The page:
1. 1.

    Four separate dummy variables were created so that, for example, the preference of young men could be assessed in relation to the preferences of everyone else in the sample.


  1. 1.

    Joint United Nations Programme on HIV/AIDS (UNAIDS). UNAIDS Data 2019. Geneva; 2019.

  2. 2.

    Zimbabwe Ministry of Health and Child Care. Operational and service delivery manual for the prevention, care and treatment of HIV in Zimbabwe. Harare; 2017.

  3. 3.

    Grimsrud A, Bygrave H, Doherty M, Ehrenkranz P, Ellman T, Ferris R, et al. Reimagining HIV service delivery: the role of differentiated care from prevention to suppression. J Int AIDS Soc. 2016.

    Article  PubMed  PubMed Central  Google Scholar 

  4. 4.

    El-Sadr WM, Harripersaud K, Rabkin M. Reaching global HIV/AIDS goals: what got us here, won’t get us there. PLoS Med. 2017;14(11):e1002421.

    Article  Google Scholar 

  5. 5.

    Ehrenkranz P, Grimsrud A, Rabkin M. Differentiated service delivery: navigating the path to scale. Curr Opin HIV AIDS. 2019;14(1):60–5.

    Article  Google Scholar 

  6. 6.

    Duncombe C, Rosenblum S, Hellmann N, Holmes C, Wilkinson L, Biot M, et al. Reframing HIV care: putting people at the centre of antiretroviral delivery. Trop Med Int Health. 2015;20:430–47.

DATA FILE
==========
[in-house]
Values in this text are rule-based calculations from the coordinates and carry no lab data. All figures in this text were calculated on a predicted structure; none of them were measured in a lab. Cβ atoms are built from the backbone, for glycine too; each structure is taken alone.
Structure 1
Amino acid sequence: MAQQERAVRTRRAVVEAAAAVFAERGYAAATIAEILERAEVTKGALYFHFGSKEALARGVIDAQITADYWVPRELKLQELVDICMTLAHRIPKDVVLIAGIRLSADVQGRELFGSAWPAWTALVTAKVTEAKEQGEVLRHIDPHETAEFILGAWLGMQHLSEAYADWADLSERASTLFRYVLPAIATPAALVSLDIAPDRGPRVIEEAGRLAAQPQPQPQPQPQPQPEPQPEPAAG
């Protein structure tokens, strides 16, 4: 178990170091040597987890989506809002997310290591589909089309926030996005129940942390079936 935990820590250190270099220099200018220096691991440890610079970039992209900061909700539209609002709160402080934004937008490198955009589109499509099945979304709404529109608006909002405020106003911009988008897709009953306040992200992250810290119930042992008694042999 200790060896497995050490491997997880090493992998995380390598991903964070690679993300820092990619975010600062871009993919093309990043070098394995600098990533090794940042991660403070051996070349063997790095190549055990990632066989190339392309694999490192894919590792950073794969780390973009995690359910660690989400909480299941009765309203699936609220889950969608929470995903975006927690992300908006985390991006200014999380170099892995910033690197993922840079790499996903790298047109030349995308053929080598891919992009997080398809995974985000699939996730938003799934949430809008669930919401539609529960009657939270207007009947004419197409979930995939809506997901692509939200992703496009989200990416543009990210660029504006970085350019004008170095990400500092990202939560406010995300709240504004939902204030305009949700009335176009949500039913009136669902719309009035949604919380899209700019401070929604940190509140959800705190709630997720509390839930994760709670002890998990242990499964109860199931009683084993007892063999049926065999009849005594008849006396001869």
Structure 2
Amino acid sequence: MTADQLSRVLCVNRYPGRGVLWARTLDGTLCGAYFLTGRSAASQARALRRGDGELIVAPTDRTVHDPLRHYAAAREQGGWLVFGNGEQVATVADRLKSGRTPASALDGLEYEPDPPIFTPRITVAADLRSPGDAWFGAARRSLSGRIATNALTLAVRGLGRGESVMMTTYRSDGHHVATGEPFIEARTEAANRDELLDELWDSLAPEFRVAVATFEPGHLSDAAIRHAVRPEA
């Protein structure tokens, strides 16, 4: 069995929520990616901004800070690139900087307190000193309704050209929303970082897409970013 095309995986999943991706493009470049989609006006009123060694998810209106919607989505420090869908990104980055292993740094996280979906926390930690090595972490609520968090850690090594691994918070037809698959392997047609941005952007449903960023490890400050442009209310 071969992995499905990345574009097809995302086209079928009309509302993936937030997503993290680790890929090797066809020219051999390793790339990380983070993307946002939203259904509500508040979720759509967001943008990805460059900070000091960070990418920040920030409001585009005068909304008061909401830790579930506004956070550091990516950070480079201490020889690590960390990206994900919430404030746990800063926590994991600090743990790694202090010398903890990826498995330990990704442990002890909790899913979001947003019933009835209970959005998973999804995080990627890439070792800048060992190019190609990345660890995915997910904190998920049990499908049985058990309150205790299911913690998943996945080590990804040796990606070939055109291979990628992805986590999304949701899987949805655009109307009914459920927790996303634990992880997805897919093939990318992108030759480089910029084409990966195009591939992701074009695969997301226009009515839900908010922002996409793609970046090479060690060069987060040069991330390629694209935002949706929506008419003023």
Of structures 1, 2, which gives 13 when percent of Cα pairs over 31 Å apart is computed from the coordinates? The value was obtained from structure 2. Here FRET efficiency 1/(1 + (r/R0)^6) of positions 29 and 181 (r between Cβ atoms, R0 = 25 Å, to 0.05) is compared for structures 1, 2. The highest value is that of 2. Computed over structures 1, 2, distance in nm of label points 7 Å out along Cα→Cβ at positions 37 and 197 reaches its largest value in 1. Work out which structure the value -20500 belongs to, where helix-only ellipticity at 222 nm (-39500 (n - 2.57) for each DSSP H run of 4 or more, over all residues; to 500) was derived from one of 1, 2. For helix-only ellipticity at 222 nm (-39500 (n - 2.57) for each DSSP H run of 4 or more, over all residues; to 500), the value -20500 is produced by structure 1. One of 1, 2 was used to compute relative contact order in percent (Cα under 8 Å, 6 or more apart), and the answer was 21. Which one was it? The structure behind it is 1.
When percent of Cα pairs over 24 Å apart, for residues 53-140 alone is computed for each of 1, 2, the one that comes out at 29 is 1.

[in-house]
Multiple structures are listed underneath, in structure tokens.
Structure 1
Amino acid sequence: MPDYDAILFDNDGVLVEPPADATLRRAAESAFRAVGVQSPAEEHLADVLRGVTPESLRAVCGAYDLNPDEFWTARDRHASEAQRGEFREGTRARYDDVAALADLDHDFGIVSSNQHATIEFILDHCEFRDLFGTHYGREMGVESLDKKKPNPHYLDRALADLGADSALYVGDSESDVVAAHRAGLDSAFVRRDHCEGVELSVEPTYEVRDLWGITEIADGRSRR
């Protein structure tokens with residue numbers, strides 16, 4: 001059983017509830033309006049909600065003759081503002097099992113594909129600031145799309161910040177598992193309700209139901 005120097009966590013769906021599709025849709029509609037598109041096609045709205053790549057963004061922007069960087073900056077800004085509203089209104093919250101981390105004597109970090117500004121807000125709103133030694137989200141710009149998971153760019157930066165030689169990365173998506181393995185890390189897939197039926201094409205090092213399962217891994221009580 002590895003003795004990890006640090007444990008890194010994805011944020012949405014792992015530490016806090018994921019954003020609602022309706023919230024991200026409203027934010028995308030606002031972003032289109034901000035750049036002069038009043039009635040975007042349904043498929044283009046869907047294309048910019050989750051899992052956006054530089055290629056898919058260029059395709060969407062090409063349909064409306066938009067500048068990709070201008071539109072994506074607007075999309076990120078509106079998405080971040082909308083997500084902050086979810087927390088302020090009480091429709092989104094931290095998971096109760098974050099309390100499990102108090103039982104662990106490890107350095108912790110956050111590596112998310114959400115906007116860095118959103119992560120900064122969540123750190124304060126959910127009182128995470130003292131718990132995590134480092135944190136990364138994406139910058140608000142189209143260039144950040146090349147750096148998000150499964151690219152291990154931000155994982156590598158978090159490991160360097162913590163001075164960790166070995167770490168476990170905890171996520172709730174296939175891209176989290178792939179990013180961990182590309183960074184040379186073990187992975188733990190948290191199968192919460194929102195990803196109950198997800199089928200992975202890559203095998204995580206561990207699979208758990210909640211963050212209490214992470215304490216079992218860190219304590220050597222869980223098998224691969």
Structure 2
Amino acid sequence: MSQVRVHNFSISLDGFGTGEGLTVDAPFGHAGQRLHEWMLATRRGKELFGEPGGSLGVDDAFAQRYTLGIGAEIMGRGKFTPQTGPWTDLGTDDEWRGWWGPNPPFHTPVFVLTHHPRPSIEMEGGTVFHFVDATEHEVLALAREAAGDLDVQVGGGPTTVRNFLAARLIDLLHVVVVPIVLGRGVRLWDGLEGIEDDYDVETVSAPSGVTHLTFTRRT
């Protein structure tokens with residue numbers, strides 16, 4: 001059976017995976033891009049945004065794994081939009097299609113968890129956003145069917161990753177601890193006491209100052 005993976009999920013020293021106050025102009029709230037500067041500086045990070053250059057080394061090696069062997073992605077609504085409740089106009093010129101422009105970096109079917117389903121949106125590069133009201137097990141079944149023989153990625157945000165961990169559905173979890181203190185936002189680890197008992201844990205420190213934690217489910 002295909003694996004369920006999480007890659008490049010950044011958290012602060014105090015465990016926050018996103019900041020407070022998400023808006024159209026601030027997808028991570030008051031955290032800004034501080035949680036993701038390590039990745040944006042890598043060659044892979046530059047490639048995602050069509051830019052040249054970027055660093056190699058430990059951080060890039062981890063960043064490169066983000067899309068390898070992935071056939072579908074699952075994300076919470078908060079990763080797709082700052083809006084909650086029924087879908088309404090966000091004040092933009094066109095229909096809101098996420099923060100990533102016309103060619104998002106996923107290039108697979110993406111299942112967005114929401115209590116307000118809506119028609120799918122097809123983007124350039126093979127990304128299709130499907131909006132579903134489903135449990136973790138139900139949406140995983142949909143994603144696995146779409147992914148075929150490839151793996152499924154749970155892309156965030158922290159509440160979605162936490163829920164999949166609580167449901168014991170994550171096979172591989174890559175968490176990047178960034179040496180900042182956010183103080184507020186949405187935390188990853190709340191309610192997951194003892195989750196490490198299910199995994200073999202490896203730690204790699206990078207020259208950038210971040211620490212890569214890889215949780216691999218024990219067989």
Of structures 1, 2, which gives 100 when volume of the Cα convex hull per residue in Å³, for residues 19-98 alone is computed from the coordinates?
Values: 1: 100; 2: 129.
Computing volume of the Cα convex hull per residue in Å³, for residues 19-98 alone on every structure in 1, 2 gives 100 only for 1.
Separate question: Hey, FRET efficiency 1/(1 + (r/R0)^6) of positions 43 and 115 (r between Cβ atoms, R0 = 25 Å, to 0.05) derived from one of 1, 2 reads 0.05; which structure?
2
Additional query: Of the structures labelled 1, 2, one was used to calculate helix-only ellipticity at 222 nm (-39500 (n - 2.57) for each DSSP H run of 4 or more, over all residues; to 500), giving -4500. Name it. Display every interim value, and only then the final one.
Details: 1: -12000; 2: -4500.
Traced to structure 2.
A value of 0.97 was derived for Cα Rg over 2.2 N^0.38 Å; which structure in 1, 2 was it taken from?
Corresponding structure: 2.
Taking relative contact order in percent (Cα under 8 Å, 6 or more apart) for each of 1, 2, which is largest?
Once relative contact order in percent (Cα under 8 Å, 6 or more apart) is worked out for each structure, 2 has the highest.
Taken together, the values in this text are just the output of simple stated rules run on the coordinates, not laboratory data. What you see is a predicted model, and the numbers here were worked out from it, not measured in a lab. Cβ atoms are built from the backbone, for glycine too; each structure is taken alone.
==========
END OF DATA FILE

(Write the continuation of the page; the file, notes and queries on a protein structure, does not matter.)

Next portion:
Article  Google Scholar 

  7. 7.

    El-Sadr WM, Rabkin M, DeCock KM. Population health and individualized care in the global AIDS response: synergy or conflict? AIDS. 2016;30(14):2145–8.

    Article  Google Scholar 

  8. 8.

    CQUIN Learning Network. Second Annual Meeting Report. Addis Ababa; 2018.

  9. 9.

    Rabkin M, Strauss M, Mantell JE, Mapingure M, Masvawure TB, Lamb MR, Zech JM, Musuka G, Chingombe I, Msukwa M, Boccanera R, Gwanzura C, George G, Apollo T. Optimizing differentiated treatment models for people living with HIV in urban Zimbabwe: findings from a mixed methods study. PLoS ONE. 2020;15(1):e0228148.

    CAS  Article  PubMed  PubMed Central  Google Scholar 

  10. 10.

    Louviere J, Hensher D, Swait J. Stated choice methods: analysis and applications. Cambridge: Cambridge University Press; 2000.

    Book  Google Scholar 

  11. 11.

    Lancsar E, Louviere J. Conducting discrete choice experiments to inform healthcare decision making. Pharmacoeconomics. 2008;26(8):661–77.

    Article  Google Scholar 

  12. 12.

    Hensher D, Rose J, Greene W. Applied choice analysis: a primer. Cambridge: Cambridge University Press; 2005.

    Book  Google Scholar 

  13. 13.

    Mangham LJ, Hanson K, McPake B. How to do (or not to do) … Designing a discrete choice experiment for application in a low-income country. Health Policy Plan. 2009;24(2):151–8.

    Article  Google Scholar 

  14. 14.

    WHO. How to conduct a discrete choice experiment for health workforce recruitment and retention in remote and rural areas: a user guide with case studies. World Heal Organ. 2012;85.

  15. 15.

    de Bekker-Grob EW, Ryan M, Gerard K. Discrete choice experiments in health economics: a review of the literature. Health Econ. 2012;21(2):145–72.

    Article  Google Scholar 

  16. 16.

    Clark MD, Determann D, Petrou S, Moro D, de Bekker-Grob EW. Discrete choice experiments in health economics: a review of the literature. Pharmacoeconomics. 2014;32:883–902.